(Literary Masterpieces, Volume 15)

Thirty-five years after his death, Adolf Hitler does not cease to want for biographers. The latest contributor to the now voluminous literature on the life of the Nazi dictator is Norman Stone, lecturer in Modern European History at Cambridge University and a Fellow of Trinity College. In his short biography, Stone offers little that is not already known about Hitler. Rather, he provides a balanced synthesis of the more detailed accounts by such postwar writers as Alan Bullock, Joachim Fest, Werner Maser, and other specialists. What emerges from Stone’s treatment is a useful introduction to the character of Hitler, the conditions in Germany which helped bring him to power, and his role as leader and warlord.

Stone, in discussing Hitler’s road to power, offers some interesting insights on his personality. Above all else, Hitler was a very lonely man who lived for power. His private life was very prosaic and empty. He had no interest in friendships, intellectual development, family life, or love affairs. Hitler’s relationship with the totally nondescript Eva Braun after 1934 was so devoid of sexual content that Stone believes he probably had homosexual tendencies. In sum, Hitler reserved his life for public, not private, matters. He transferred all of his deep emotions to architecture, in which he thought of himself as an authority, and to public and military affairs.

The author, relying heavily on other authorities, analyzes Hitler’s upbringing and his aimless years in prewar Vienna as the basis for his personality development. His father, the illegitimate son of a housemaid, Anna Schicklgruber, was a senior customs official of the Habsburg Monarchy and reasonably well-off financially. He was fifty-two years old and into his third marriage when Hitler was born on April 20, 1889, at Braunau, an Upper Austrian village on the German border. Transferred shortly thereafter to Linz, the senior Hitler was a remote, stern father who spent time with several mistresses. Stone notes that his pattern was a familiar one among several Nazi leaders in the 1930’s: the aloof, frequently absent, uniformed father who completely dominated the mother and children when he was present.

In 1907, the year of his mother’s death, Hitler journeyed to Vienna, hoping to gain entrance to the Academy of Fine Arts to study architecture. Despite his failure to gain admission in 1907 and again in 1908, Hitler remained in Vienna until 1913. The modest inheritance that he received from his mother enabled him to live a fairly comfortable, carefree “artist’s life.” Contrary to the legend that he later propagated in his political testament, Mein Kampf, his Vienna years were not ones of abject poverty, although he was socially and professionally insecure. His lack of friends combined with his rejection by the Academy of Fine Arts produced in him a sense of bitterness and aimlessness. In his search for a purpose in life, Hitler embraced the cause of German nationalism which had found a ready audience in the Austrian capital. His heroes became Frederick the Great and Otto von Bismarck; his enemies became the Jews, the prime object of hatred of all German nationalists at this time.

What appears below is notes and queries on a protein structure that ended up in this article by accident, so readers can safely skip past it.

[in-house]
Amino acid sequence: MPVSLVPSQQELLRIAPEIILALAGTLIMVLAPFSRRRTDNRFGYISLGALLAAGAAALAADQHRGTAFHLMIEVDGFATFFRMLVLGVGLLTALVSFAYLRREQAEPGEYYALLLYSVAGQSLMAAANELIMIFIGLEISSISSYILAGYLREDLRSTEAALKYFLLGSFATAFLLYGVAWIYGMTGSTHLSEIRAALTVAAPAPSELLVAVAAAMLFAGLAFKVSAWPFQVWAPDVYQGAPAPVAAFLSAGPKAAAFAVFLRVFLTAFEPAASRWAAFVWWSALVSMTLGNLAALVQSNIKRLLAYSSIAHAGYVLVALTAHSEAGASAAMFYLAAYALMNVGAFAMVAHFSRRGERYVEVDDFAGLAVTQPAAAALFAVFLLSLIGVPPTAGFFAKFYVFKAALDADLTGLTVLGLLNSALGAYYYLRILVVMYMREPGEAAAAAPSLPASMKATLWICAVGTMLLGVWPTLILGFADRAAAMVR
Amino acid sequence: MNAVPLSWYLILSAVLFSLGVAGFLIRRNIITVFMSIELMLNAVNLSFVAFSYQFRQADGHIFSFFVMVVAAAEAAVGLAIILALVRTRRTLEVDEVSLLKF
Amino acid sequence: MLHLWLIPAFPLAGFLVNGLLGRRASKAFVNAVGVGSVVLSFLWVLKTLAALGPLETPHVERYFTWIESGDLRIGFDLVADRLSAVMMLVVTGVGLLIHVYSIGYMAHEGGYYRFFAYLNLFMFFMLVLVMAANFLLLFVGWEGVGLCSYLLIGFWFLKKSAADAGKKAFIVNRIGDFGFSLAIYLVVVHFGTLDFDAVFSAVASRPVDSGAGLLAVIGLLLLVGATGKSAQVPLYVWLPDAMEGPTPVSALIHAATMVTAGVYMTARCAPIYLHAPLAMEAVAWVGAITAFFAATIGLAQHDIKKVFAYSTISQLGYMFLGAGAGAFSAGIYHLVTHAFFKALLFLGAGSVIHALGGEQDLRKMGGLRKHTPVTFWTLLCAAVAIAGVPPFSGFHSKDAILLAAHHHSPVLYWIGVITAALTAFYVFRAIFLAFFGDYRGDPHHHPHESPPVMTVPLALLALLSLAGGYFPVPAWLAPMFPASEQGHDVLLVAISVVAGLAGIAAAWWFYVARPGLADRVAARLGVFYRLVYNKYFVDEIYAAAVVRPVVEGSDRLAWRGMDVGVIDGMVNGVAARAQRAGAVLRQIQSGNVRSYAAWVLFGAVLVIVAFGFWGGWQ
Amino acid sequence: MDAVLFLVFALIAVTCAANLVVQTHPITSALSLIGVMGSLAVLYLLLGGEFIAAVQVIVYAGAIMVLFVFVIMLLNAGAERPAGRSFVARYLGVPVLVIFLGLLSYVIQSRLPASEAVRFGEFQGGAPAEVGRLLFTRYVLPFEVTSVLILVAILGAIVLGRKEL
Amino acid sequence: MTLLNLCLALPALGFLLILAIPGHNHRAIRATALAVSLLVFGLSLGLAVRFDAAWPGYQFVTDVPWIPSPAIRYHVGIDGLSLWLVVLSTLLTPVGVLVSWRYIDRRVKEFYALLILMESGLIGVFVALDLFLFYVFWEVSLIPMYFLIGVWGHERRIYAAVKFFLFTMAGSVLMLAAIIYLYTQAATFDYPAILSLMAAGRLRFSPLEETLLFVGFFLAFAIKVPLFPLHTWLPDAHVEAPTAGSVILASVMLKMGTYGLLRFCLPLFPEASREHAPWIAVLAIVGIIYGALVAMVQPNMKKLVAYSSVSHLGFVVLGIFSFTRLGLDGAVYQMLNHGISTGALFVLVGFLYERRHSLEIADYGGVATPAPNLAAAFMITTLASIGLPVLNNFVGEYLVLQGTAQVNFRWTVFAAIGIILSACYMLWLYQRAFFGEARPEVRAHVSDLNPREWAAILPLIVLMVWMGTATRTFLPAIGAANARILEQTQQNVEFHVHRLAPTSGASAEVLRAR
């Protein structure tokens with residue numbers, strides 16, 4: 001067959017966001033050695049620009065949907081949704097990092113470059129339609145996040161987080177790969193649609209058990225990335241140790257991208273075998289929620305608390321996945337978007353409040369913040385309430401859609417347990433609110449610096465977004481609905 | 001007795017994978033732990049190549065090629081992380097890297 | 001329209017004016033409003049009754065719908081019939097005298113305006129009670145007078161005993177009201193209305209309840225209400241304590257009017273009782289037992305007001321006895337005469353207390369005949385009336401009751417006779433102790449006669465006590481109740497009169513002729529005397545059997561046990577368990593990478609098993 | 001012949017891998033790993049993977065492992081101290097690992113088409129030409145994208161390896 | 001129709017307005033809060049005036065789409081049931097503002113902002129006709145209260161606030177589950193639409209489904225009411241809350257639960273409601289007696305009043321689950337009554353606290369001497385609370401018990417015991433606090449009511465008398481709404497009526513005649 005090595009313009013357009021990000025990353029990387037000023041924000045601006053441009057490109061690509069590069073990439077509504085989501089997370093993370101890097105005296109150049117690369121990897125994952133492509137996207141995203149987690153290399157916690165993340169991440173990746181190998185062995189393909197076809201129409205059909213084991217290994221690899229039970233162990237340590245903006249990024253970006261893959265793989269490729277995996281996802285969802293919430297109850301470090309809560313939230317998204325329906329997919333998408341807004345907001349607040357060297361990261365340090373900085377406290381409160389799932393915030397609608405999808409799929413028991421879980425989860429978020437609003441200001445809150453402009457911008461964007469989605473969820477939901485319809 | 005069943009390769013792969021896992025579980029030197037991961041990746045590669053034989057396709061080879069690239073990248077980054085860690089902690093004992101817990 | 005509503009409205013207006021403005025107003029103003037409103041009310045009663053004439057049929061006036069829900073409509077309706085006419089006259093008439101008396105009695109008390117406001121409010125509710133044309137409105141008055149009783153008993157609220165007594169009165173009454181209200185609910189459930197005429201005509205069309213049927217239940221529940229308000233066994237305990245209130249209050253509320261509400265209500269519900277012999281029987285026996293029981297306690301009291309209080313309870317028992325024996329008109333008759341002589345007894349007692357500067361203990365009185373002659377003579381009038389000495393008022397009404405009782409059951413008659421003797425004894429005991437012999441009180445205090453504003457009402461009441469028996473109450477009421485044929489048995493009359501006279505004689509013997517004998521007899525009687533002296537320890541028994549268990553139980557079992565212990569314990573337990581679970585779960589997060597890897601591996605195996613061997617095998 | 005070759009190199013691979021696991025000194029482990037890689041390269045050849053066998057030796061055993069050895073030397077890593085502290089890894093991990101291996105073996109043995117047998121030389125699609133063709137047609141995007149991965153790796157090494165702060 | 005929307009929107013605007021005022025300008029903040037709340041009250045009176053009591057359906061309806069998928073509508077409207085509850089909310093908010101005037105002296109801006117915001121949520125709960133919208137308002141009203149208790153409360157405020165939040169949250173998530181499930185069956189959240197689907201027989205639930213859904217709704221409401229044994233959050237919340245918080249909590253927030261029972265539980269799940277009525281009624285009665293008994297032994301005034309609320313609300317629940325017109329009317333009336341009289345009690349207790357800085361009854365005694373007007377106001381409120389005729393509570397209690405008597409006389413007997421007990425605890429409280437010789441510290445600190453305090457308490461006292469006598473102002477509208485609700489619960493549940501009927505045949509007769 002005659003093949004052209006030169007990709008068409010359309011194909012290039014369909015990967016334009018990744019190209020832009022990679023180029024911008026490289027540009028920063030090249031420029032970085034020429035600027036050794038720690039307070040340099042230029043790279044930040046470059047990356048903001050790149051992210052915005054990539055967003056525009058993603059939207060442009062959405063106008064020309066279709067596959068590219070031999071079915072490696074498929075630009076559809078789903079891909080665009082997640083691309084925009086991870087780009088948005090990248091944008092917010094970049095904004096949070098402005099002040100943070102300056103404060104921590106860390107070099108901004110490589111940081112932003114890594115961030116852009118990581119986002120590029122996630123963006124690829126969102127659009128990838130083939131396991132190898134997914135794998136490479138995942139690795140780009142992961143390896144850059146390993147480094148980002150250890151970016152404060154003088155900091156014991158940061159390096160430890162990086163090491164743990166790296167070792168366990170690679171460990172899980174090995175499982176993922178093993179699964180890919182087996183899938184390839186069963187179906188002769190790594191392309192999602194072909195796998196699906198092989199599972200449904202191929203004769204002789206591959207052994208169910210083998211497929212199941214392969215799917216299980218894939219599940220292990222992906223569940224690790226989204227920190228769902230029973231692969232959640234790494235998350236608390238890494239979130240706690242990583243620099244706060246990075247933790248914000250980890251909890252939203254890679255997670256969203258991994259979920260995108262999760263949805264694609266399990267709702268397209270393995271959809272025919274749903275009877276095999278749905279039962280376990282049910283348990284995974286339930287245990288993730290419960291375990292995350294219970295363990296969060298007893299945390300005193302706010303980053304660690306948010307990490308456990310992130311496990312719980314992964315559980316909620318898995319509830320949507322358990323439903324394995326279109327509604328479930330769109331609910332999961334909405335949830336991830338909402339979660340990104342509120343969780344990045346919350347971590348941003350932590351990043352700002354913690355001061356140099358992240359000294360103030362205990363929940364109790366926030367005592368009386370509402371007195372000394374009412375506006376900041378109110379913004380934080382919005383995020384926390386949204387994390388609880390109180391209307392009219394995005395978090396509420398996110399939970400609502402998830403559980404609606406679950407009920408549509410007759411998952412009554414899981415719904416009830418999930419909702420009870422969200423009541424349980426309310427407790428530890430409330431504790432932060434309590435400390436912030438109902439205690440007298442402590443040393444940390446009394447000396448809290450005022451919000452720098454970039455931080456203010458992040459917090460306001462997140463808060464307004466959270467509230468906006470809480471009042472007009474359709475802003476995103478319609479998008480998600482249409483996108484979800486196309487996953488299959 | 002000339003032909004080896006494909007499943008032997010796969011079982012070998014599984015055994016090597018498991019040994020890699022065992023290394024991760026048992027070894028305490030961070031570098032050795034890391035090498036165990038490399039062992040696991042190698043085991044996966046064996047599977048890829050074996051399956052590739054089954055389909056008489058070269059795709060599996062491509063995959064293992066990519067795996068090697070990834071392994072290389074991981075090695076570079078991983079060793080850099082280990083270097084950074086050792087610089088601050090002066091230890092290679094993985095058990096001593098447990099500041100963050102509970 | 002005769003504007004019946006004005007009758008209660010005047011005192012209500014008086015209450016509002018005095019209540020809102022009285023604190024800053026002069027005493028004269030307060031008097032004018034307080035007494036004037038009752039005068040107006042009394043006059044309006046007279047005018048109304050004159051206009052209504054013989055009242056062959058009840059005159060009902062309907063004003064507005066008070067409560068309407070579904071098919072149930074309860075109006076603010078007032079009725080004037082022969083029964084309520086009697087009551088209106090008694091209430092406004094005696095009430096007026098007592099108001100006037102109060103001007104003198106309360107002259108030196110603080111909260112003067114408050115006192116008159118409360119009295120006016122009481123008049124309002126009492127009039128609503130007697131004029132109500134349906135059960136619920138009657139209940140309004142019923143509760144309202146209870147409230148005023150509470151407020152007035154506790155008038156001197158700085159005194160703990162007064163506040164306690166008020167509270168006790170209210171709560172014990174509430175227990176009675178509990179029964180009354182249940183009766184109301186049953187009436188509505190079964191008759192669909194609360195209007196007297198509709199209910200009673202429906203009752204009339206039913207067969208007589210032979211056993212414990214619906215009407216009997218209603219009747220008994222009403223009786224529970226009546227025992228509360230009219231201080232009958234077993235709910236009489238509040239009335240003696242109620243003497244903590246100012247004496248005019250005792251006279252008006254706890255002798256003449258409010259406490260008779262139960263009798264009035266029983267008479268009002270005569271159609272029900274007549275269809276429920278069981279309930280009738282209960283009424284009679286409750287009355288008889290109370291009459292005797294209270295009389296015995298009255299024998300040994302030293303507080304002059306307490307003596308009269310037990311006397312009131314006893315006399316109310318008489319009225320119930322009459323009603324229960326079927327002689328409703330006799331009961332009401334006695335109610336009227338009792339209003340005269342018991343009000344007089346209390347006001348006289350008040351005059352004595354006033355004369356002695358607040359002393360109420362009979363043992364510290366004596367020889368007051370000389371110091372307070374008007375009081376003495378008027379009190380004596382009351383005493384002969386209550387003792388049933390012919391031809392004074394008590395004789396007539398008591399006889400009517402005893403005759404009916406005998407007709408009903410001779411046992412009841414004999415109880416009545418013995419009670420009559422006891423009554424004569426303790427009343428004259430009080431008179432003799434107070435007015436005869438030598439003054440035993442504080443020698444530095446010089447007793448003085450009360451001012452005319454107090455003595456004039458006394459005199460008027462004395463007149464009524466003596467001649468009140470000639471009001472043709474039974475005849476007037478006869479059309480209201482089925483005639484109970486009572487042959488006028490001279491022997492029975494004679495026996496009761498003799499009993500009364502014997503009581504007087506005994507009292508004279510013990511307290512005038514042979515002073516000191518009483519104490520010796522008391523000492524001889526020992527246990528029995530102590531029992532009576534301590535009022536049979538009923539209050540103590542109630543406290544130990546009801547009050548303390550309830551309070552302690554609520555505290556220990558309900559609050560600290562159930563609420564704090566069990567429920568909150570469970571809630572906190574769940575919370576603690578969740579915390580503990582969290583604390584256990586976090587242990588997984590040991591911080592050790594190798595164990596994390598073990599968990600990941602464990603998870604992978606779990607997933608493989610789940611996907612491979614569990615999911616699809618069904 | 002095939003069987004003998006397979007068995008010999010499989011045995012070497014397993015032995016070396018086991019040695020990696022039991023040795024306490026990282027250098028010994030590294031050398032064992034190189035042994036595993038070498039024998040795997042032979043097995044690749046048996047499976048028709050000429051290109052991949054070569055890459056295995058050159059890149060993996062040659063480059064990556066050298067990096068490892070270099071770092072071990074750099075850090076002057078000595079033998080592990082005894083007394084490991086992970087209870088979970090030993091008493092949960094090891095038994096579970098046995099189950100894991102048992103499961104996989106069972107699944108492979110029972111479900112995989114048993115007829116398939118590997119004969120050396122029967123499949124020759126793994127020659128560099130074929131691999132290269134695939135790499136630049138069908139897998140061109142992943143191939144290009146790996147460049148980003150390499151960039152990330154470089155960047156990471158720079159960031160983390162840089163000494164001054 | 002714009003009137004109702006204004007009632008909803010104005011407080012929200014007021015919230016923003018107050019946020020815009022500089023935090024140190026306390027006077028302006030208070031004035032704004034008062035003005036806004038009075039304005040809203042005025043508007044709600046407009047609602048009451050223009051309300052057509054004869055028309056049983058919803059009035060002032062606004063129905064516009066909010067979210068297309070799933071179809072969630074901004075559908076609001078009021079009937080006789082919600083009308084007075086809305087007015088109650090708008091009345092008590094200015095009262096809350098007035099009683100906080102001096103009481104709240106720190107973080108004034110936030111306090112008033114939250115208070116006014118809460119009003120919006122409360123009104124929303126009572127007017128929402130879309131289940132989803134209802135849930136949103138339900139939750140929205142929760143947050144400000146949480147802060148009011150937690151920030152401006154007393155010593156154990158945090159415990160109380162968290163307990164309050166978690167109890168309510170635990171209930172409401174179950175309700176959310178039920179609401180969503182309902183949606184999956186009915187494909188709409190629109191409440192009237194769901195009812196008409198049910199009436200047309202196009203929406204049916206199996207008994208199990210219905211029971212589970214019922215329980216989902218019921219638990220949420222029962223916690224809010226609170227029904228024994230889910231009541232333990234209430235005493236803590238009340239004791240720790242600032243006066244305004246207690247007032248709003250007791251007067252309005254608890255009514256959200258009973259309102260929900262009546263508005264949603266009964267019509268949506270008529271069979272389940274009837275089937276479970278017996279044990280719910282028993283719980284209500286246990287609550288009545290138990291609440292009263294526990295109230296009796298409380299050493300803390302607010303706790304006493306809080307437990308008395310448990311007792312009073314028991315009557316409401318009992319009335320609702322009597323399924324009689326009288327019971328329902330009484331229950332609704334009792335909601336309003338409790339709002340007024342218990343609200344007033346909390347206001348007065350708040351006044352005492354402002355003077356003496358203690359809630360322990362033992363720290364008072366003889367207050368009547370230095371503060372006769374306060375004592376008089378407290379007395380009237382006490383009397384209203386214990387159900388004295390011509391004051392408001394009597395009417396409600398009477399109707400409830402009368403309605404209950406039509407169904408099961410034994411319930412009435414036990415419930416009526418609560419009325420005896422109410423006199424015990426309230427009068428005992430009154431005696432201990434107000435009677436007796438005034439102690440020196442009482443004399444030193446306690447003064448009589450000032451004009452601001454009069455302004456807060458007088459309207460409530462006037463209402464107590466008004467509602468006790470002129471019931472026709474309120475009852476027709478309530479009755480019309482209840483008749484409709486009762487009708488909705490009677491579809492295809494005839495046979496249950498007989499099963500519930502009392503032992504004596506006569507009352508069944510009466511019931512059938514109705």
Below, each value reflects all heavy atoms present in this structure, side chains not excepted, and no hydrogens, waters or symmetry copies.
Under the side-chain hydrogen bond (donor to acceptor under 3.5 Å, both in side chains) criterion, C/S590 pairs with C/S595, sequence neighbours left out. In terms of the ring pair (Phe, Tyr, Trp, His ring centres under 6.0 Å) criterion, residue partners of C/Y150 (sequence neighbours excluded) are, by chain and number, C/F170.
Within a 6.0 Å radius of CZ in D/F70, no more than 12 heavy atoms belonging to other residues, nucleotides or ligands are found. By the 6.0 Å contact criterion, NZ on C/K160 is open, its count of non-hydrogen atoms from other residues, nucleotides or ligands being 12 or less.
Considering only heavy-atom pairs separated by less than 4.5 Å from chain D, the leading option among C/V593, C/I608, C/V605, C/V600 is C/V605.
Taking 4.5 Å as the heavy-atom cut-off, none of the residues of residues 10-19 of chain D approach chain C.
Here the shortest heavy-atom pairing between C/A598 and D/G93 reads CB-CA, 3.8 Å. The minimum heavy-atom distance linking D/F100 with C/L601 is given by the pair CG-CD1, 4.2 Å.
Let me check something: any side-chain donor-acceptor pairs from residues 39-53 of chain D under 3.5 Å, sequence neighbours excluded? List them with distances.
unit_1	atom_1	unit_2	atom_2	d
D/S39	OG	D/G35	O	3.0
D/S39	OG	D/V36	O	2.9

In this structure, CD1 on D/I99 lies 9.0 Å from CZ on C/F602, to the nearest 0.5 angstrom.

Hitler’s opportunity to identify completely with German nationalism came in 1914 with the outbreak of World War I. He served with distinction in the German Army and received two Iron Crosses. Toward the end of the war, he was badly hit in a gas attack and evacuated to a hospital in Pomerania where he heard the shattering news that the German Empire had lost the war and had been overthrown by a Red revolution.

After the war, a demoralized Hitler remained in the army, again searching for a purpose in life. His superiors assigned him to observe the activities of small political groups in the Munich area. In September, 1919, he attended and was immediately attracted to the proceedings of the German Workers’ Party. He soon joined the party, greatly increased the nationalist content of its largely socialist program, and, in 1921, formally became the head of a renamed National Socialist (Nazi) German Workers’ Party. Hitler had found the reason for his existence.

Stone describes in some detail how Hitler, as head of the Nazi Party, set out to overthrow the German Republic which had been formally proclaimed at Weimar in 1919. Hitler’s two major attempts to come to power correspond with the two periods of turmoil in the Weimar Republic, that is, the early 1920’s and the early 1930’s. Much of Hitler’s popular appeal rested with his superb oratorical ability. A Hitler speech, as Stone observes, became something of an attraction. People whose lives were monotonous and beset with problems established a close bond with a leader who denounced the sources of their ills, including the French, the...

(The entire section is 1970 words.)